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Françoise Dior

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Raymond Dior

Francoise Dior

Francoise Dior

Full Name
Marie Francoise Suzanne Dior

7 April 1932 (age 60)

Known for
Heiress, post-war Nazi underground financier

Robert-Henri Aynard Francois Nompar, Comte de Caumont La Force; Colin Jordan, Comte Hubert de Mirleau

Anne-Marie Christiane de Caumont La Force

20 January 1993 (aged 60) Neuilly sur Seine, France

Marie Françoise Suzanne Dior, also known as Françoise de Caumont La Force, Françoise Dior-Jordan, and Françoise Dior-de Mirleau (7 April 1932 – 20 January 1993), was a French socialite and post-war Nazi underground financier. She was a close friend of Savitri Devi and niece of French fashion designer Christian Dior and Catherine Dior; Catherine was deported to the Ravensbrück women's concentration camp for her anti-Nazi intelligence work, and later publicly distanced herself from her niece.


Françoise Dior Classify Colin Jordan and Francoise Dior

Very Nazi Wedding (1963)

Early life

Françoise Dior C Mourning the Ancient

Born in Paris, Dior was the only child of Raymond Dior, a Communist International sympathizer who embraced radicalism and subversive ideas. He was a proponent of the '200 families' theory in that all the world's problems rest with them. Being an heir to the Dior Frères fertilizer fortune, he married the former Madeleine Leblanc. Raymond was the brother of Christian Dior.

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Françoise grew up in France during the Nazi occupation, and a historian has stated "one of [Françoise Dior's] sweetest memories was the compliment of an SS-man, 'What a beautiful little Aryan girl.'"

Post-war Nazi underground

Françoise Dior Franoise Dior Wikipedia

Dior resided back and forth between France and England for a period of time in the 1960s, where she financed Nazi movements and became romantically involved with their leadership. The former countess traveled to London, in the summer of 1962, after reading about the National Socialist Movement's rallies; that same year, she used her fortune to support the creation of the French chapter of the World Union of National Socialists. She was able to bring on former Waffen SS officers as leaders in 1963.

Françoise Dior John Galliano 39goes into rehab39 but sacked Christian Dior designer

Thereafter she became intimately involved with British Nazis and supported their front activities in the country. During the 1980s, British fascist Martin Webster made two visits to Paris, and she gave him some money to help fund the short-lived Our Nation group that he had founded following his expulsion from the British National Front.


After leaving England and arriving in France in 1966, she was imprisoned in Nice for four months over an old case of posting swastika labels on the walls of the British embassy. Dior returned to Britain on a brief visit in April 1967 but was arrested and sent to Holloway prison, charged with the crime of arson against London synagogues in 1965. On her release in 1969, Dior left Britain permanently, moving to Normandy.

French socialite

Dior was a royalist, eventually marrying noble claimants to some of France's oldest houses.

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In 1985, she was photographed attending an evening at the residence of Comte Jacques de Ricaumont, and in 1992 with Henri d'Orleans, Count of Paris, at his Gallery Apomixie exhibition.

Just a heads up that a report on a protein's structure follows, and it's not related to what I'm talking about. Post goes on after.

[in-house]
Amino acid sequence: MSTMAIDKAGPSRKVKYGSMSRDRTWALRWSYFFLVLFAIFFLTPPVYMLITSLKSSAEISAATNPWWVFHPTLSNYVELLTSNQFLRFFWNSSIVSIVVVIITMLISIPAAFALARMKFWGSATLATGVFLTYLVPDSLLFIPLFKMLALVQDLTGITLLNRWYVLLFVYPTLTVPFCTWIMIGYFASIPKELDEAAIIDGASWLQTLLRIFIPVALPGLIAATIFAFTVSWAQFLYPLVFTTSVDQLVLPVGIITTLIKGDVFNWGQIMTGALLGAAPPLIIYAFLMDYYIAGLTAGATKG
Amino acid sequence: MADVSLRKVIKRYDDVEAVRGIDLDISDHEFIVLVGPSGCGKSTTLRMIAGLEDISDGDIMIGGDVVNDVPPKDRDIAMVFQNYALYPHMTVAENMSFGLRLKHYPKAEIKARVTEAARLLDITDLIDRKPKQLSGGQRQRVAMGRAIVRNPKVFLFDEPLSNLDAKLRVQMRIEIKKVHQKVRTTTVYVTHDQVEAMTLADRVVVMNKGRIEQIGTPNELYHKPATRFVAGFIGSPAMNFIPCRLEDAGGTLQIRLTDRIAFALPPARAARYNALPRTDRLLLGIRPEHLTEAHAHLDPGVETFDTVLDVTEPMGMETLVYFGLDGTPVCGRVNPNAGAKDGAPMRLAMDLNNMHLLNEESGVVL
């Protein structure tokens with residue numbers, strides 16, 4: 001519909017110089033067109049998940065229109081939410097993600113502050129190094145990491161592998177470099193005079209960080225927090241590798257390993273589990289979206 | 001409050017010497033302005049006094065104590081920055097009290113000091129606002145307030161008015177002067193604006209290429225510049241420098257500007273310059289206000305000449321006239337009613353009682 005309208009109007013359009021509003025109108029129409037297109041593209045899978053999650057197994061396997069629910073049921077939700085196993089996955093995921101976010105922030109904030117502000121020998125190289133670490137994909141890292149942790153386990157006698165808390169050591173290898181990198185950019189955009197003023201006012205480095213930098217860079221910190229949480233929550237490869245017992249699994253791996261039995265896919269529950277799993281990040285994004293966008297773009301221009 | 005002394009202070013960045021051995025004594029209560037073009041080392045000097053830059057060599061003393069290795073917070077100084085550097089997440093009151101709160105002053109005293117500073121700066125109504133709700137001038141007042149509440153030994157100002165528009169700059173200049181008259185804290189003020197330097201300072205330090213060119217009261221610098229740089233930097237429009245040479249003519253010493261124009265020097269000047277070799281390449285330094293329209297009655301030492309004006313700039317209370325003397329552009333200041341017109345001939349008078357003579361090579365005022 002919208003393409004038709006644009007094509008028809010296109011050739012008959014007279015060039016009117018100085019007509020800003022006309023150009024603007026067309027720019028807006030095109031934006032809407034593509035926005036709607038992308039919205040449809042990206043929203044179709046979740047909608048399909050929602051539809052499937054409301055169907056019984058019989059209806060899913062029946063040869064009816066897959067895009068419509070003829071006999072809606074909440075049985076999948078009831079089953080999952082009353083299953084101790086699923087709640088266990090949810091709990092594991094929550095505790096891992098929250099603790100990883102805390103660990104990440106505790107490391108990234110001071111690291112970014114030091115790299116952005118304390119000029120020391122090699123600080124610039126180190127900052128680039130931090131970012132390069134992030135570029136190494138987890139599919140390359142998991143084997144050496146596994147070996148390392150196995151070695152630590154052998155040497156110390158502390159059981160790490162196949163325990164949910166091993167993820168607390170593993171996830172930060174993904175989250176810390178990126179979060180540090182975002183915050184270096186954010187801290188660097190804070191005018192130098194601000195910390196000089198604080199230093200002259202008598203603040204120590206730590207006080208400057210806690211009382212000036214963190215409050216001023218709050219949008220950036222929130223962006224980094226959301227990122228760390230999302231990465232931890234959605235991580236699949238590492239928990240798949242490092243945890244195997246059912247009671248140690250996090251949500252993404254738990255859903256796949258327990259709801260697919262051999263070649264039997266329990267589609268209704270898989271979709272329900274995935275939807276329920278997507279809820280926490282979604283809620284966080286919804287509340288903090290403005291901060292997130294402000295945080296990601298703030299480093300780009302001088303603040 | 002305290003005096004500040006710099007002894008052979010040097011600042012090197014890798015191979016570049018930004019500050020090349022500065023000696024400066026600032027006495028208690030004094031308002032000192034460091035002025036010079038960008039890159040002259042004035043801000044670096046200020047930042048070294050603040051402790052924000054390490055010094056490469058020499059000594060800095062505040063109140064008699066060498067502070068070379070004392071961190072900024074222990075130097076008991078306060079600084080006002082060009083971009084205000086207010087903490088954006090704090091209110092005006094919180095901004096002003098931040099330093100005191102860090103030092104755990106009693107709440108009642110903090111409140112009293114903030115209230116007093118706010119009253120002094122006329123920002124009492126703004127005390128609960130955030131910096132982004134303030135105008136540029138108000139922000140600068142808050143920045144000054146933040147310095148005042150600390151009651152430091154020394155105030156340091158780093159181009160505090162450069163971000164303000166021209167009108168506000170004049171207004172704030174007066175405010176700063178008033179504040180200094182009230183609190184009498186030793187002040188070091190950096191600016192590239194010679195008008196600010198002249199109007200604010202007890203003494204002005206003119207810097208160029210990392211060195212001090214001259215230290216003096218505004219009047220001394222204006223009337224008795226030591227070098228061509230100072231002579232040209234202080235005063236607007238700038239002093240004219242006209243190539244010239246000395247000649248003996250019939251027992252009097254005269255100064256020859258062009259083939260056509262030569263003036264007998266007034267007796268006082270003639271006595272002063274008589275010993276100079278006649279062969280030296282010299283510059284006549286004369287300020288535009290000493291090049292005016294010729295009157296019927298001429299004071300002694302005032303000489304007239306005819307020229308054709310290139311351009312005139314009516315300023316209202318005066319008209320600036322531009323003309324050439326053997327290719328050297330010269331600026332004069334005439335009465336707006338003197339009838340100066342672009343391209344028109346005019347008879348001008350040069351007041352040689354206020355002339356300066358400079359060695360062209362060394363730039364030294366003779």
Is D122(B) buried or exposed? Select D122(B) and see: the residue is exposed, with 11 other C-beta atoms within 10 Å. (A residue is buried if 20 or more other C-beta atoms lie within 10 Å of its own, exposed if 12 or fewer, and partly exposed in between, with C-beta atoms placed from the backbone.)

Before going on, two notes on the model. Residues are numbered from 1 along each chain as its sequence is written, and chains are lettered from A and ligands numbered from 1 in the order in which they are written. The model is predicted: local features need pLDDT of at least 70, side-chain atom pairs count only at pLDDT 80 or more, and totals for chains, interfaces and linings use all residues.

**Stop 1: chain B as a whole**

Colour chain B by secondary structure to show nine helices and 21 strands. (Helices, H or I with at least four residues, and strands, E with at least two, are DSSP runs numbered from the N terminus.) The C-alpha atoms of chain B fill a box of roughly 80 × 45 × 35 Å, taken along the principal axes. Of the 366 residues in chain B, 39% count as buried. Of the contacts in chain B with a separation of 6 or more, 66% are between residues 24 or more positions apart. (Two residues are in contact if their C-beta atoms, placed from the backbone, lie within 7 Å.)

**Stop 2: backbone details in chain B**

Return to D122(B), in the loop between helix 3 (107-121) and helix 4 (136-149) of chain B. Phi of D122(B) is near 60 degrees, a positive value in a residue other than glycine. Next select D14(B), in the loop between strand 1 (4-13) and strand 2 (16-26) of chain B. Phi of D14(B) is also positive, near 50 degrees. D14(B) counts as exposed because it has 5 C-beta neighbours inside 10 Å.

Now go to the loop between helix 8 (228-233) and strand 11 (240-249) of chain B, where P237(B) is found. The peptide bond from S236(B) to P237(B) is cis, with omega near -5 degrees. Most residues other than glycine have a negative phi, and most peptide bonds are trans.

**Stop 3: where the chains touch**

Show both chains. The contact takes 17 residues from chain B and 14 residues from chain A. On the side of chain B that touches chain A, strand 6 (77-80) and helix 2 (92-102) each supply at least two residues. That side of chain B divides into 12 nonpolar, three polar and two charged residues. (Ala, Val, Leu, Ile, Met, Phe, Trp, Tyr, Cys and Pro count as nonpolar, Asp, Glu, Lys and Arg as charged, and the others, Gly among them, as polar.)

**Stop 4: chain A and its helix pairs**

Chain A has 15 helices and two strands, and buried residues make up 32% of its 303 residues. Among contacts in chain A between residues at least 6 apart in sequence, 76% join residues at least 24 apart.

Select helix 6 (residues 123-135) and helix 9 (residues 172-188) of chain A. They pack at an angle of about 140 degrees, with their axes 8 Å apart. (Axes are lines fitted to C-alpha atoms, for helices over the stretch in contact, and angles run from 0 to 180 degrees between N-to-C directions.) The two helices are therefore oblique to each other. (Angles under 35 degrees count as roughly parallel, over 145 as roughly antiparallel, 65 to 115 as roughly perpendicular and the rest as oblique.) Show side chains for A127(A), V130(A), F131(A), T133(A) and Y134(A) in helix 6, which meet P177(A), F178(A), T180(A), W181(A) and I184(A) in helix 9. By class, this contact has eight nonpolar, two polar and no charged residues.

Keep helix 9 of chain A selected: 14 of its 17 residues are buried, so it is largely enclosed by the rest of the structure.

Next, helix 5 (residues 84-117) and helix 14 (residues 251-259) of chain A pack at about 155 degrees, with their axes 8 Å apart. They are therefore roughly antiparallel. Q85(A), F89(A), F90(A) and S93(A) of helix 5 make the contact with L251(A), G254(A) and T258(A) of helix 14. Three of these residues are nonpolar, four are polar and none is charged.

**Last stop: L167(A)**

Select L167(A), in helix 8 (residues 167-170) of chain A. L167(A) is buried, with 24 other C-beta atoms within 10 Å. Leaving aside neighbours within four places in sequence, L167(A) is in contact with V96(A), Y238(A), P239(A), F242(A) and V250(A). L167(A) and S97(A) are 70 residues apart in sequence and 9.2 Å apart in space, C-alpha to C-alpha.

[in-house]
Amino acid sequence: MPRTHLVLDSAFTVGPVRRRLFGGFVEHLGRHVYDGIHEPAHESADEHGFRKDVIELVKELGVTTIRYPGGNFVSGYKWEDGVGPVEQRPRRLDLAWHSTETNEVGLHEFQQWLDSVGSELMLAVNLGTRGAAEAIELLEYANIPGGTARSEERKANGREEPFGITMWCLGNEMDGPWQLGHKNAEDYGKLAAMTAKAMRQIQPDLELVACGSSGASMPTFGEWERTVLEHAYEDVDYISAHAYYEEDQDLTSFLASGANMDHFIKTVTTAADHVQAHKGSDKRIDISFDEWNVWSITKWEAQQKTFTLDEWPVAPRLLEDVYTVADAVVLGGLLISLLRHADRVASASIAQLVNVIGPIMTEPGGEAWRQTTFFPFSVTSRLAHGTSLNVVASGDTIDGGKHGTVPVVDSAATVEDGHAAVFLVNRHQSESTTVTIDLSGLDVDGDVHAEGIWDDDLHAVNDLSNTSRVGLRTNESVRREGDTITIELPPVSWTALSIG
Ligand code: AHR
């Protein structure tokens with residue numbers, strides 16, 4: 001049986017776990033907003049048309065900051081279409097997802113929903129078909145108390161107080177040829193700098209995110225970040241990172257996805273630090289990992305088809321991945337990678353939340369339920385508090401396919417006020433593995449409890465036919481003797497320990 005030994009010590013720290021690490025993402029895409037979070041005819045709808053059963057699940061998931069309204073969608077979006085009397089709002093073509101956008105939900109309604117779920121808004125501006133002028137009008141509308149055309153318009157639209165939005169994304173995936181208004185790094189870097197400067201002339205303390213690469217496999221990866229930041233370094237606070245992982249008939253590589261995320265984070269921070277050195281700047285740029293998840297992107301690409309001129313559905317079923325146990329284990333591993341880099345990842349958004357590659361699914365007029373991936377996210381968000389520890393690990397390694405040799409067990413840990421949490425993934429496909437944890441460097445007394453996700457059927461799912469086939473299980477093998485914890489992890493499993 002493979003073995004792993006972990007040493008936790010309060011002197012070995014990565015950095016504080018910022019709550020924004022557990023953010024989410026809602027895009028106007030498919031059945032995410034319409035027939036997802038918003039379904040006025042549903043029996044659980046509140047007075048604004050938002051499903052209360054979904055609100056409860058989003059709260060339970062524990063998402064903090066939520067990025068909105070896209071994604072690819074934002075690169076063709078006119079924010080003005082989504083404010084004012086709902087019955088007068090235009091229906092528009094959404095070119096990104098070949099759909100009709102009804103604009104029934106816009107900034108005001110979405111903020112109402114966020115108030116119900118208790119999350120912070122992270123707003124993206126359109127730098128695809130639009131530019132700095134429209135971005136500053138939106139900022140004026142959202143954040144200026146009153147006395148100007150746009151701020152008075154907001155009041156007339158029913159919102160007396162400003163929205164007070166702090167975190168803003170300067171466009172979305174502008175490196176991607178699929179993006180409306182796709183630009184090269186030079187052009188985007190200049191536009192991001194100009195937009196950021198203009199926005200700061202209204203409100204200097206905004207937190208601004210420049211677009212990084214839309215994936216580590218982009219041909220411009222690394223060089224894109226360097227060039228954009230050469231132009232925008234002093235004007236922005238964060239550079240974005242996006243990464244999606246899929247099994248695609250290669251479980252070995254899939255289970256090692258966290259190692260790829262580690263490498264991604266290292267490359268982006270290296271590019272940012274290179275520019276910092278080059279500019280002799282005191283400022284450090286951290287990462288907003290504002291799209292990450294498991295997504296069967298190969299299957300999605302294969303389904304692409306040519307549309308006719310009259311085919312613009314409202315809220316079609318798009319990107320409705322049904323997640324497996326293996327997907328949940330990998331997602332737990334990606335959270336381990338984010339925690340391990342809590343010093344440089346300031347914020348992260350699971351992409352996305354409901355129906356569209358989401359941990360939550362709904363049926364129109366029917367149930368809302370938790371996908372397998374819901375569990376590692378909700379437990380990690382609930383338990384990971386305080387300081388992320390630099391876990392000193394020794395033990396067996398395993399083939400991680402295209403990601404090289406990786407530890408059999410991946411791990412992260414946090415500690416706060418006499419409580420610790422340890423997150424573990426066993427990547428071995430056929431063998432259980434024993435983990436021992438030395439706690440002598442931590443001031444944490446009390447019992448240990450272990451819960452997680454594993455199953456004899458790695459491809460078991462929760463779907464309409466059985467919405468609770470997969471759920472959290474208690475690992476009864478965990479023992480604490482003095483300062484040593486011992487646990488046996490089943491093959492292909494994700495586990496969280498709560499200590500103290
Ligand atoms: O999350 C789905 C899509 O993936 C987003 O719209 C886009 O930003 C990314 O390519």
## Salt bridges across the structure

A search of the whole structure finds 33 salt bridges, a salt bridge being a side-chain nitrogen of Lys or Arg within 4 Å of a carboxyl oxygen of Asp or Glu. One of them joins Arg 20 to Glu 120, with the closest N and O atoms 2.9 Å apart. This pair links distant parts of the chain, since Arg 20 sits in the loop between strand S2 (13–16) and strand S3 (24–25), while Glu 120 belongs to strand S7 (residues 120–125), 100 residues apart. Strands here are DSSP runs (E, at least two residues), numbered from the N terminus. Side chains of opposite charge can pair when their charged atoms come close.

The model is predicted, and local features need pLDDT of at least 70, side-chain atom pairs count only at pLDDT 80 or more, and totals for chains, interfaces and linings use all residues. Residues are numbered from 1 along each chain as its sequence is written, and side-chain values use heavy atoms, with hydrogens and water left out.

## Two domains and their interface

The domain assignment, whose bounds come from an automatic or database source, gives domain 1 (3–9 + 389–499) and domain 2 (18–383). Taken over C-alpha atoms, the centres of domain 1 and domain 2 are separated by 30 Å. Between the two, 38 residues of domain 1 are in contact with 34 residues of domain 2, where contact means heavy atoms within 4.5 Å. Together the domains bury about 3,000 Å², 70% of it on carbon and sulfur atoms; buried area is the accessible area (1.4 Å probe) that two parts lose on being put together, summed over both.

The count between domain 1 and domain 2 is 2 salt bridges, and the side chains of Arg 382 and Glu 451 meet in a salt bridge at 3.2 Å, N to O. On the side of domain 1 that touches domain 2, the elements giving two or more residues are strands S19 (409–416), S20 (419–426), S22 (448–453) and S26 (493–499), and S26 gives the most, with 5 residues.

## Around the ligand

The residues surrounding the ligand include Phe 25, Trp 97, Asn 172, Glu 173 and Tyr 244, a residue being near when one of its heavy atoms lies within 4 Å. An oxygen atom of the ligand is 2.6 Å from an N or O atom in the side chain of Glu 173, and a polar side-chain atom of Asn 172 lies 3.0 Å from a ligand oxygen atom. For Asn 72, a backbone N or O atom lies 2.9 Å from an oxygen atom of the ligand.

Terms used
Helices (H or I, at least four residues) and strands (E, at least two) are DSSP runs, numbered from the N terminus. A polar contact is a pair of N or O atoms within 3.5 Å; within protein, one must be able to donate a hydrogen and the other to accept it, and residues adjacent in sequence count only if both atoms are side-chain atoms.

Robert-Henri Aynard François Nompar

Dior married Robert-Henri Aynard François Nompar, Comte de Caumont La Force, on 26 April 1955. He was a grandson of Aynard Guigues de Moreton de Chabrillan, 10th Marquis de Chabrillan, a Grimaldi descendant who unsuccessfully sought the throne of Monaco after the 1949 death of Louis II. His parents were Armand de Caumont, Comte La Force and Anne Marie Guigues de Moreton de Chabrillan. They had one child, Anne-Marie Christiane de Caumont La Force (4 November 1957 – 5 July 1978). The Caumonts divorced in 1960.

John Tyndall

Dior became engaged to party member John Tyndall, who was later incarcerated along with other members of the National Socialist party for paramilitary activities.

Colin Jordan

After Tyndall's arrest, she instead married another party leader, Colin Jordan, who had been released before Tyndall. This act played the central role in the lifelong split between the two allies in 1964.

After a civil ceremony at Caxton Hall, where demonstrators hurled rotten eggs and apples at the couple as they gave the Nazi salute—Dior and Jordan had a second wedding on 5 October 1963 at 74 Princedale Road, London W11, the former home of Arnold Leese. The photographs and newsreel footage of the ceremony, illustrating them mingling blood from cuts to their ring fingers over a copy of Mein Kampf, were published widely. Dior also stated, "All I want is little Nazi children." A month after their honeymoon, however, Dior-Jordan (as she now called herself) returned to France, having "separated over a few ideological differences. She was also disillusioned by her husband's leadership qualities ..." and dismissed him "as 'a middle-class nobody'".

Terence Robert Cooper

In March 1966, Dior-Jordan separated from her husband, eloping to Paris with her 19-year-old secretary, Terence Robert Cooper. (The Jordans divorced in October 1967.) The couple's relationship ended in 1980 after having lived in Normandy together for a period.

Hubert de Mirleau

Dior joined the Rally for the Republic (R.P.R.) in 1983, where she met writer and former diplomat, Comte Hubert de Mirleau; he became her third husband. He was a member of one of France's oldest noble houses.


Françoise Dior-de Mirleau died on 20 January 1993 in the American Hospital, Neuilly-sur Seine, of lung cancer, aged 60.


Françoise Dior Wikipedia